Allergy season is in full swing, and along with it, the dreaded arrival of pollen. A new global study found that increased pollen counts in the environment may spike COVID-19 levels.
According to a Fox News affiliate in Milwaukee, the study, published in the journal Proceedings of the National Academy of Sciences of the United States of America, found that higher airborne pollen concentrations drive up COVID-19 infection rates.
The study involved 248 airborne pollen monitoring sites from 31 countries around the globe. The researchers found a strong correlation between levels of pollen concentration and increased COVID-19 infections rate, despite lockdown measures. Lockdowns did slash the rise in infections rates by half, said the researchers.
”Pollen exposure weakens the immunity against certain seasonal respiratory viruses by diminishing the antiviral interferon response,” noted the study authors, according to Fox News and added that airborne pollen concentration levels explained about a 44% variability in COVID-19 infection rates. When pollen counts were high, COVID-19 infectious rates rose, usually about four days later.
According to WebMD, even if a person is not allergic to pollen, the airborne grains seem to upset our immune system.
”When we inhale pollen, they end up on our nasal mucosa and … they diminish the expression of genes that are important for the defense against airborne viruses,” said study author Dr. Stefanie Gilles, Ph.D., chair of environmental medicine at Technical University of Munich, in Germany. Last year, the expert found that mice exposed to pollen made less interferon and she saw the same effect in human volunteers.
An American researcher who was part of the study said that pollen may lower the body’s defenses against COVID-19.
Lewis Ziska, Ph.D., a plant physiologist who studies pollen and climate change at Columbia University’s Mailman School of Public Health in NYC, said that if you are in a crowded room with other people who may be asymptomatic and have been breathing in pollen all day, you will be more susceptible to COVID-19, according to WebMD.
”Having a mask is obviously really critical in that regard,” he said, adding that masks do an excellent job of blocking pollen.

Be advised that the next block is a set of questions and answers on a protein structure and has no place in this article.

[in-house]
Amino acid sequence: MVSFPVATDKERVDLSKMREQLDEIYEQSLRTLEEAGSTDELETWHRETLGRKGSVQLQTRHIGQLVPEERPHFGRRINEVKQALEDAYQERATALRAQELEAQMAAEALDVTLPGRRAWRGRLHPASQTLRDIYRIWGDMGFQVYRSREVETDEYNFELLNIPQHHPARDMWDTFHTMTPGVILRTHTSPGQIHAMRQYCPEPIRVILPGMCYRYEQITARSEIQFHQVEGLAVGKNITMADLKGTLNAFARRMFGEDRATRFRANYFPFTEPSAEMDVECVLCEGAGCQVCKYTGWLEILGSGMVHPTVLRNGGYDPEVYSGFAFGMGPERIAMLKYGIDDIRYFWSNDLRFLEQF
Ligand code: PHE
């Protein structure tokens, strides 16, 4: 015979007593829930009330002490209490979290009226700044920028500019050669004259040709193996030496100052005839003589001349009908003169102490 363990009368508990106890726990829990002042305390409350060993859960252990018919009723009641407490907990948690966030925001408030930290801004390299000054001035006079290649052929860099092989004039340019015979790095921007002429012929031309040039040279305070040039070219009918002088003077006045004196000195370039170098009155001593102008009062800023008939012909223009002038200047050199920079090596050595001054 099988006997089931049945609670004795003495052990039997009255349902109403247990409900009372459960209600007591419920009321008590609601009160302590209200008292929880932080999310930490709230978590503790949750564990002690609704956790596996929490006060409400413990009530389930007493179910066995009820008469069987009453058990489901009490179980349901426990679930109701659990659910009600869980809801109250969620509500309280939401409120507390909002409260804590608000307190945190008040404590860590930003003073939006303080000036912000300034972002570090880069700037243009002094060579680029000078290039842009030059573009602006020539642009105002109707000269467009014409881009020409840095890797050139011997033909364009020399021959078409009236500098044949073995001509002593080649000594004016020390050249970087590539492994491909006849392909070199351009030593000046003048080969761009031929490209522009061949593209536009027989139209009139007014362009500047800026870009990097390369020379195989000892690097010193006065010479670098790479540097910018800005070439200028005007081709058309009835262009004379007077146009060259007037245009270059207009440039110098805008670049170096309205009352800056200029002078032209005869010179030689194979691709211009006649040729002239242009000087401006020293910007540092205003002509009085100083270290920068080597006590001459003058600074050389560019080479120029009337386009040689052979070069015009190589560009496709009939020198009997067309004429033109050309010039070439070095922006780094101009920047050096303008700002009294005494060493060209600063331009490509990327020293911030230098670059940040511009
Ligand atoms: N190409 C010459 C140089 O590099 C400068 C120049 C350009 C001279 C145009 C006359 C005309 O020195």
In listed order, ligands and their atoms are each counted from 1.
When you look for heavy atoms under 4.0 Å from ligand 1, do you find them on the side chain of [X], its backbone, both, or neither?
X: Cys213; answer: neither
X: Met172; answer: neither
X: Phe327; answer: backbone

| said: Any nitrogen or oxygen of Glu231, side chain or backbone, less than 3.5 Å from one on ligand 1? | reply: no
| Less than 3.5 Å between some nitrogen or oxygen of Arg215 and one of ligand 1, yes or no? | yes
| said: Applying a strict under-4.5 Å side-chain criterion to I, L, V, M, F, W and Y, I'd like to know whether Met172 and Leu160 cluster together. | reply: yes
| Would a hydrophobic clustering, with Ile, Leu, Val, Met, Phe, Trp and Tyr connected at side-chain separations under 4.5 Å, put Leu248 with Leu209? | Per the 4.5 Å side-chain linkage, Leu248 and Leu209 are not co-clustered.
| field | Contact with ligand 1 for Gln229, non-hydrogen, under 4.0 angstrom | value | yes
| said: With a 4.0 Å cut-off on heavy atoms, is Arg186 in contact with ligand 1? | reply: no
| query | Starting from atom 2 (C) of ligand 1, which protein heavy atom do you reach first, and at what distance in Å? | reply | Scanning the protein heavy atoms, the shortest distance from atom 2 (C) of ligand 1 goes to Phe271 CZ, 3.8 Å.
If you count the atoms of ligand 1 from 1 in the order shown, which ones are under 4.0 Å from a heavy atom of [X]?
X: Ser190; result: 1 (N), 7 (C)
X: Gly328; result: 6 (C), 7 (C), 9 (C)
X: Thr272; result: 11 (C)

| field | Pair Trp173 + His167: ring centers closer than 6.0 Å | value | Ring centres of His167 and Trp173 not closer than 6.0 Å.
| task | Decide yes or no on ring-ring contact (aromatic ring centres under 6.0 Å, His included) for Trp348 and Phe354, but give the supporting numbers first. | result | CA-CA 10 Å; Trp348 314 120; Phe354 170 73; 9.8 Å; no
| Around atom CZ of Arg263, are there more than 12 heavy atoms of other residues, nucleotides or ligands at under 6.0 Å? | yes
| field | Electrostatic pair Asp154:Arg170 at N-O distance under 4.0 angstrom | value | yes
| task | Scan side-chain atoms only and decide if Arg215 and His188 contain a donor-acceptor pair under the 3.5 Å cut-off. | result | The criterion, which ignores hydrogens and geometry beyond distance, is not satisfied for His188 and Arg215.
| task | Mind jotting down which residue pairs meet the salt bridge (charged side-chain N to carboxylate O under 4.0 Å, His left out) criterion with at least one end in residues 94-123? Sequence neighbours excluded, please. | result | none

Other researchers have found just the opposite to be true. For example, Martijn Hoogeveen, Ph.D. a professor at Open University Netherlands, found that when pollen season arrives it marks the end of the flu season and that COVID-19 infection rates follow a similar pattern, according to WebMD. Researchers in the Chicago area came to the same conclusion, adding that pollen can help block viruses from entering our airways, by competing for space.
Hoogeveen said that his study focused on just the Netherlands, where COVID-19 safeguards such as social distancing and wearing masks were consistent. He said that taking pollen and COVID-19 data from 31 diverse countries involved too many cooks in the research soup, making it nearly impossible to extrapolate pertinent and relevant statistics.
Some countries in the global study embraced COVID-19 precautions, while others took more of a laid-back approach to the virus, hoping to achieve natural herd immunity, according to WebMD. Hoogeveen said that limiting the study parameters to a single country helped control variables so we could learn more specifically about the role pollen plays in either exacerbating or diminishing COVID-19.
”There is no scientific consensus yet, about what it is driving, and that’s what makes it such an interesting field,” Hoogeveen said, according to WebMD.
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